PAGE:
This week the West Coast Book Society announced the finalists for the annual BC Book Prizes, which celebrate achievement by British Columbia writers in 7 categories. Winners are announced on April 29.
3 of the 5 finalists in the Non-Fiction category are National Magazine Award winners, as well as one of the finalists in Poetry.
Mark Leiren-Young’s The Killer Whale Who Changed the World
Killer whales had always been seen as bloodthirsty sea monsters. That all changed when a young killer whale was captured off the west coast of North America and displayed to the public in 1964. Moby Doll—as the whale became known—was an instant celebrity, drawing twenty thousand visitors on the one and only day he was exhibited. He died within a few months, but his famous gentleness sparked a worldwide crusade that transformed how people understood and appreciated orcas. Because of Moby Doll, we stopped fearing “killers” and grew to love and respect “orcas.”
Mark Leiren-Young is a journalist, filmmaker, and author. The magazine article that grew into this book, “Moby Doll” (The Walrus), was a finalist for a National Magazine Award.
Deborah Campbell’s A Disappearance in Damascus
“Did I find her or did she find me?” writes Deborah Campbell in her new book, A Disappearance in Damascus(Knopf Canada), winner of the Writers’ Trust Award. Her is in reference to Ahlam, Campbell’s ‘fixer’— journalist jargon for a foreign correspondent’s interpreter or guide. An Iraqi mother and humanitarian, Ahlam is of invaluable assistance to Campbell throughout her Middle-East reportage, and when she gets taken by secret agents, the journalist, who has reported from countries including Egypt, Qatar and Russia among others, can’t help but take the blame for her disappearance. Campbell spends months in search of her friend in the perilous city.
Deborah Campbell is the winner of two National Magazine Gold Awards for her articles in The Walrus— “The Most Hated Name in News” and “Iran’s Quiet Revolution”— published in 2009 and 2006 respectively. She has written for many publications, including Harper’s, The Guardian and Foreign Policy, and has spent over a decade reporting abroad.
The Marriott Cell, by Mohamed Fahmy, with Carol Shaben
Just over one year ago, Egyptian-born Canadian journalist Mohamed Fahmy was awaiting bail from behind bars of an Egyptian maximum security prison. He, along with two other Al-Jazeera journalists, were sentenced to 7-10 years, accused of reporting false news, after police raided their makeshift studio in the Marriott Hotel in Cairo. According to Human Rights Watch, the trial of Fahmy was a “miscarriage of justice based on zero evidence.” Despite this, the three spent over a year in prison before making bail following a presidential pardon.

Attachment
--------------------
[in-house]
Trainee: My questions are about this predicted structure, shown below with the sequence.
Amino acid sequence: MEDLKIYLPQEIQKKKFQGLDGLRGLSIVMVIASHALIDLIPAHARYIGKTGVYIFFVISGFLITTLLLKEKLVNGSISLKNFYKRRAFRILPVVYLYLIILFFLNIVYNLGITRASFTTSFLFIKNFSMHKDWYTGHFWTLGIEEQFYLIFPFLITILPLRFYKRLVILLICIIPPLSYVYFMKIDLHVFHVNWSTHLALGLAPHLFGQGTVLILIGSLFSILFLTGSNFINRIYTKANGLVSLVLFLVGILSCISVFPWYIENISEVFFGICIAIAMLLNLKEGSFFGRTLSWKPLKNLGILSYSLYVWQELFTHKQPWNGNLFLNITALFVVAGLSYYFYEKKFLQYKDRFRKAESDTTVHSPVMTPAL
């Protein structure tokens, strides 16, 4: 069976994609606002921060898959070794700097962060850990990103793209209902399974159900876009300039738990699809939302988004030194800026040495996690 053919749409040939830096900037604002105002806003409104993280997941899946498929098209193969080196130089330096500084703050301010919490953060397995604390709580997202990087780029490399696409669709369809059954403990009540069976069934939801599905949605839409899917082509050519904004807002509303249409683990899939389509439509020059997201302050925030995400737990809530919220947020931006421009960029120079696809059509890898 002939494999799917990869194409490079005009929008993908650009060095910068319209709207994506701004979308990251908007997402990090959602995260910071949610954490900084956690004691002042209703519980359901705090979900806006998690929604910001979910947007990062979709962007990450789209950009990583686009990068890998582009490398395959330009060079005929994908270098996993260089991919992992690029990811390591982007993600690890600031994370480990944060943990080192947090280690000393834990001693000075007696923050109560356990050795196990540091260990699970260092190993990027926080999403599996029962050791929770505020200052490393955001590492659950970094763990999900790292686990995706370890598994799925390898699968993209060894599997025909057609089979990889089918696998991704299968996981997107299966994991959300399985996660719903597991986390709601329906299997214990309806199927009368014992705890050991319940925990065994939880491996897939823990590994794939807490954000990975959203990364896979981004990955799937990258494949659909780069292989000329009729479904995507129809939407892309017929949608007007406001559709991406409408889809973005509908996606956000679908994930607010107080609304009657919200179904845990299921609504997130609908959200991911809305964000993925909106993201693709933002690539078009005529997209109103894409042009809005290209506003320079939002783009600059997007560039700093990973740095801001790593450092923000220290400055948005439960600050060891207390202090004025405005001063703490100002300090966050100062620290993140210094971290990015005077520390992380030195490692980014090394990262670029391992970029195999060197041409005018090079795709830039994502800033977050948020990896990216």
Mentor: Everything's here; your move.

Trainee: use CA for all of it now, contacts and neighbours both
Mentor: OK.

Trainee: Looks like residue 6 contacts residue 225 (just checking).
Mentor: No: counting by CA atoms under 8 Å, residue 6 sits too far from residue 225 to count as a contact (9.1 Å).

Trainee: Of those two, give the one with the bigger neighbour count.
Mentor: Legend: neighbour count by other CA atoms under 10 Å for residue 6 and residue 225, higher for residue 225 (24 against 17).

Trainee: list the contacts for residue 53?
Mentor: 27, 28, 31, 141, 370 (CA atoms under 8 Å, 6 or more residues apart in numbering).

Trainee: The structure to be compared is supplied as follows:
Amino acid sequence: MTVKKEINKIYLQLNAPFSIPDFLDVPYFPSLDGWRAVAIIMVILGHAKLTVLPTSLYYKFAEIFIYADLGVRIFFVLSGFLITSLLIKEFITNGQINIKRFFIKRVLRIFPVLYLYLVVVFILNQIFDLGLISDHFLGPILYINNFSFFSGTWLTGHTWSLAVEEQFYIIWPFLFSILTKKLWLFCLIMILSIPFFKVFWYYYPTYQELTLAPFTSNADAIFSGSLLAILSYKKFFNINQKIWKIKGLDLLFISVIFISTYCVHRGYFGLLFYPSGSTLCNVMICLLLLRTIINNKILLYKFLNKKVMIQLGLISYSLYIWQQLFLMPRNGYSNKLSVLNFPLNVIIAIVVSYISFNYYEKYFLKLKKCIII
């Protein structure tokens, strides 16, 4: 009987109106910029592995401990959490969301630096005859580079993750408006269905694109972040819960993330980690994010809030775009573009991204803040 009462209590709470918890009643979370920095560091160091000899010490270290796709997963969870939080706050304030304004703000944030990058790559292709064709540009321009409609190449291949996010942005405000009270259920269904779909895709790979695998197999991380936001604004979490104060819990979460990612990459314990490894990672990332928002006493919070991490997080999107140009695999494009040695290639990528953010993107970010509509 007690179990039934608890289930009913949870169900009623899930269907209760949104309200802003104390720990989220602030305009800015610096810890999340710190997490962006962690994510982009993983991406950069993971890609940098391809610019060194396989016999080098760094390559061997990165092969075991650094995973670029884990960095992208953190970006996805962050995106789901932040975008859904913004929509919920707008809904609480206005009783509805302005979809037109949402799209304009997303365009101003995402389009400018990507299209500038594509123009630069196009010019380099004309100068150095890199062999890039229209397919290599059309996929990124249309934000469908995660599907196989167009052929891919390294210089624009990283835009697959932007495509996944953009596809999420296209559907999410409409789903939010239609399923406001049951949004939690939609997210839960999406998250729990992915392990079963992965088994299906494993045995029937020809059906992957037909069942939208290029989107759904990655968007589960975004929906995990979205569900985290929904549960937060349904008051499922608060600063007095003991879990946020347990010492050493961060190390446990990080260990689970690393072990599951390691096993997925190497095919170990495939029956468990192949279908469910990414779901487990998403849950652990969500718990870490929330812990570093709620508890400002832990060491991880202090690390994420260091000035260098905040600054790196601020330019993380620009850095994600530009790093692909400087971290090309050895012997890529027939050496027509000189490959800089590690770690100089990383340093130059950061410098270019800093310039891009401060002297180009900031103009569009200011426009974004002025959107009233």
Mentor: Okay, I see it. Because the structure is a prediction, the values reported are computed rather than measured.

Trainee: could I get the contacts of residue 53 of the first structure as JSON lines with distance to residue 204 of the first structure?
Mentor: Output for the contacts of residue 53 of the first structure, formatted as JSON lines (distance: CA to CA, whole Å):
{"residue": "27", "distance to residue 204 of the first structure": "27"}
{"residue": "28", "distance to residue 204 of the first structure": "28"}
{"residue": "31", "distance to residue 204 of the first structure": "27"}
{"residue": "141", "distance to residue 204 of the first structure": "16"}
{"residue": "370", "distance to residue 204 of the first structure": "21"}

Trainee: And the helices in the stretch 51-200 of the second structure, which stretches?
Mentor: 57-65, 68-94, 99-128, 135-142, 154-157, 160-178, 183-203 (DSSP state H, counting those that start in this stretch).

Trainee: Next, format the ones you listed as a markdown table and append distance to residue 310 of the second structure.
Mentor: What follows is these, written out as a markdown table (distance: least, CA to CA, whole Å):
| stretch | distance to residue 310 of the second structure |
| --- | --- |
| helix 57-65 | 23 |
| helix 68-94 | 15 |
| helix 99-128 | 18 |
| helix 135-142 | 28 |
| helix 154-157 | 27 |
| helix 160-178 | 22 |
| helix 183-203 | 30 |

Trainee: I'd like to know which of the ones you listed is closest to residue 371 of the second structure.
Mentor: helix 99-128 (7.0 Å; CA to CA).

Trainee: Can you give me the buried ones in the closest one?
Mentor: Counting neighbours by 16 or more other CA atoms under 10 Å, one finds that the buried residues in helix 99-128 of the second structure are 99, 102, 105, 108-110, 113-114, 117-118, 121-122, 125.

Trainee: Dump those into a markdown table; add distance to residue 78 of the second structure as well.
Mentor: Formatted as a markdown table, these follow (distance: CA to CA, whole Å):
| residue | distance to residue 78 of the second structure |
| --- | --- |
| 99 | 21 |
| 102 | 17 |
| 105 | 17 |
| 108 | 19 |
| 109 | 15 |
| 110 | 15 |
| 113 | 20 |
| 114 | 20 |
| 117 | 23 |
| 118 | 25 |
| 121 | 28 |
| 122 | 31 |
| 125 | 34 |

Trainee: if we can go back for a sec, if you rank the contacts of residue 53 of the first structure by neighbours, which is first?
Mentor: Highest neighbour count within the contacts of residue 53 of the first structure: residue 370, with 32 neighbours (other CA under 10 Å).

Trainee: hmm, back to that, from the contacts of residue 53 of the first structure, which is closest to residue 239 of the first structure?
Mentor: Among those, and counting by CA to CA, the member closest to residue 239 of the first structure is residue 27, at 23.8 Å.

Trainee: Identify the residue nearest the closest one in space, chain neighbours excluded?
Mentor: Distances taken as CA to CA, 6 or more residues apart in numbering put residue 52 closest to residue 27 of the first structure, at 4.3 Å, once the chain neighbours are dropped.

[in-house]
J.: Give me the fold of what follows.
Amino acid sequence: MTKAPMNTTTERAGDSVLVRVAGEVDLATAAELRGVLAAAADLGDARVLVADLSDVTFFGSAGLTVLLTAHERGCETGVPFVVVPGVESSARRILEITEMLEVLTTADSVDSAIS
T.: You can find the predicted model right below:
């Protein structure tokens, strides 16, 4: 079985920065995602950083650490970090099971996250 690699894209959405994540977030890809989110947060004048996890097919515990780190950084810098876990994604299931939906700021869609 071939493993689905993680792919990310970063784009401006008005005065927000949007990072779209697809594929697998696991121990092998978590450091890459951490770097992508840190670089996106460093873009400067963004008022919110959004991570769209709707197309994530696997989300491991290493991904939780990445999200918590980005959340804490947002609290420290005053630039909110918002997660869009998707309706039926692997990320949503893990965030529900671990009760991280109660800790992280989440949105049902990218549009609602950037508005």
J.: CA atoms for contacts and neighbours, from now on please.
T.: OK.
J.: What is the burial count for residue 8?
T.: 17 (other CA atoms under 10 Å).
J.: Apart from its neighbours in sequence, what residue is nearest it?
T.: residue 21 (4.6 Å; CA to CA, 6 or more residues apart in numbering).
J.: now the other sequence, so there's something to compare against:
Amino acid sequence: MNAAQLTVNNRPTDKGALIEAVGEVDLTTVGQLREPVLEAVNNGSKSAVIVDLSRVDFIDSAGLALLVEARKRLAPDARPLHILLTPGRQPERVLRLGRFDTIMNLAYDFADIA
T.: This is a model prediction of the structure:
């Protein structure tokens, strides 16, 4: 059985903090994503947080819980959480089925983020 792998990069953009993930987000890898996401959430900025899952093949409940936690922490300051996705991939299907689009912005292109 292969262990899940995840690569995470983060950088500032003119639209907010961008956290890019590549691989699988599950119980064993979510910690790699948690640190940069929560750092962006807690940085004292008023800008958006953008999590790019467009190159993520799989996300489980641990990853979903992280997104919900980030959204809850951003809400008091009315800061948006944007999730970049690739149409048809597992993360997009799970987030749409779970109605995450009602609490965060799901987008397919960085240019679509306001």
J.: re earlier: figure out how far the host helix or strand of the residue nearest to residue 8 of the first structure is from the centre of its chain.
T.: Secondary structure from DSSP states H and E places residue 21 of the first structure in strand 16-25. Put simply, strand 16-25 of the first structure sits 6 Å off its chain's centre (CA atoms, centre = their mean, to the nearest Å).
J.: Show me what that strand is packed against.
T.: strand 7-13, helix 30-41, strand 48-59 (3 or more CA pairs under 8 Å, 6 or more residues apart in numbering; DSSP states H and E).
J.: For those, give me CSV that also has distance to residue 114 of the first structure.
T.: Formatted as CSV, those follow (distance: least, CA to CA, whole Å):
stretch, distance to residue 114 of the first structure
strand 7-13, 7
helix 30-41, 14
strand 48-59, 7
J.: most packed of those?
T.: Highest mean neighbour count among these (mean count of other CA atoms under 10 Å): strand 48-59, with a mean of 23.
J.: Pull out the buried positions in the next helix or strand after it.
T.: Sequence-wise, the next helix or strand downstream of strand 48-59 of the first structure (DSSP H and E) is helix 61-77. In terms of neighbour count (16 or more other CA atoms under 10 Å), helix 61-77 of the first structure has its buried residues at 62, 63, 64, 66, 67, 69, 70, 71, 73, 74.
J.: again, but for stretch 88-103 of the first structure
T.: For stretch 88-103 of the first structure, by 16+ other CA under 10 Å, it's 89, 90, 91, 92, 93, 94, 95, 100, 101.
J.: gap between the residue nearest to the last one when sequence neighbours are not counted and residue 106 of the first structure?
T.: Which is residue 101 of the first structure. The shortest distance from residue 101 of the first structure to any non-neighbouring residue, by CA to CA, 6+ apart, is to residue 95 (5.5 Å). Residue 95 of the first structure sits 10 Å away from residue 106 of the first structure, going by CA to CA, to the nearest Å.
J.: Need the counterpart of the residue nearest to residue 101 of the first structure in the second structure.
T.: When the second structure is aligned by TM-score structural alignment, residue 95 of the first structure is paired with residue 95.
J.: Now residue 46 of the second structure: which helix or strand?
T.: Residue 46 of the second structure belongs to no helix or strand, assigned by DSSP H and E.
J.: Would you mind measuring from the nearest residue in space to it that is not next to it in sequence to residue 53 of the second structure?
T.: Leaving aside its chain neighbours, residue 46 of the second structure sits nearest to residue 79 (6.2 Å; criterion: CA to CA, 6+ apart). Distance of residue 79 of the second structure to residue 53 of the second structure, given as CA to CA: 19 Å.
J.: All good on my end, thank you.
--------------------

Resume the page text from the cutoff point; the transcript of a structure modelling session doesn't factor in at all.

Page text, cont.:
Now, finally free and back in Canada, Fahmy is an adjunct professor at UBC, and he’s just published The Marriott Cell (Random House), a book on his harrowing experience in Egypt. The book is a collaboration of efforts by Fahmy and Carol Shaben, a former NMA winner.
Carol Shaben is the winner of two National Magazine Awards for her story, “Fly at Your Own Risk” (The Walrus), about the deficiencies of Canada’s smaller aviation aircrafts and companies. She has written one other book, Into the Abyss, and lives in Vancouver.
In the poetry category, the finalists include:
poemw, by Anne Fleming
In poemw, the third finger of the left hand hits ‘w’ instead of ‘s’ and makes up a new kind of poem, the sort-of poem, the approxi-lyric, the poem that doesn’t want to claim poemness. Poemw are about daily things—graffitti, hair, sea gulls, second-hand clothes—and rarer things—dead crows, baked mice, ski accidents, Judith Butler. They’re jokes-and-not-jokes, cheeky, goofy. Tender.
Anne Fleming has been nominated for 3 National Magazine Awards, winning the award for Fiction in 2002 for her work in The New Quarterly. She has an MFA from UBC and teaches at UBC Okanagan in Kelowna. Her first book, Pool-Hopping and Other Stories, was shortlisted for the Governor-General’s Award, the Ethel Wilson Fiction Prize, and the Danuta Gleed Award.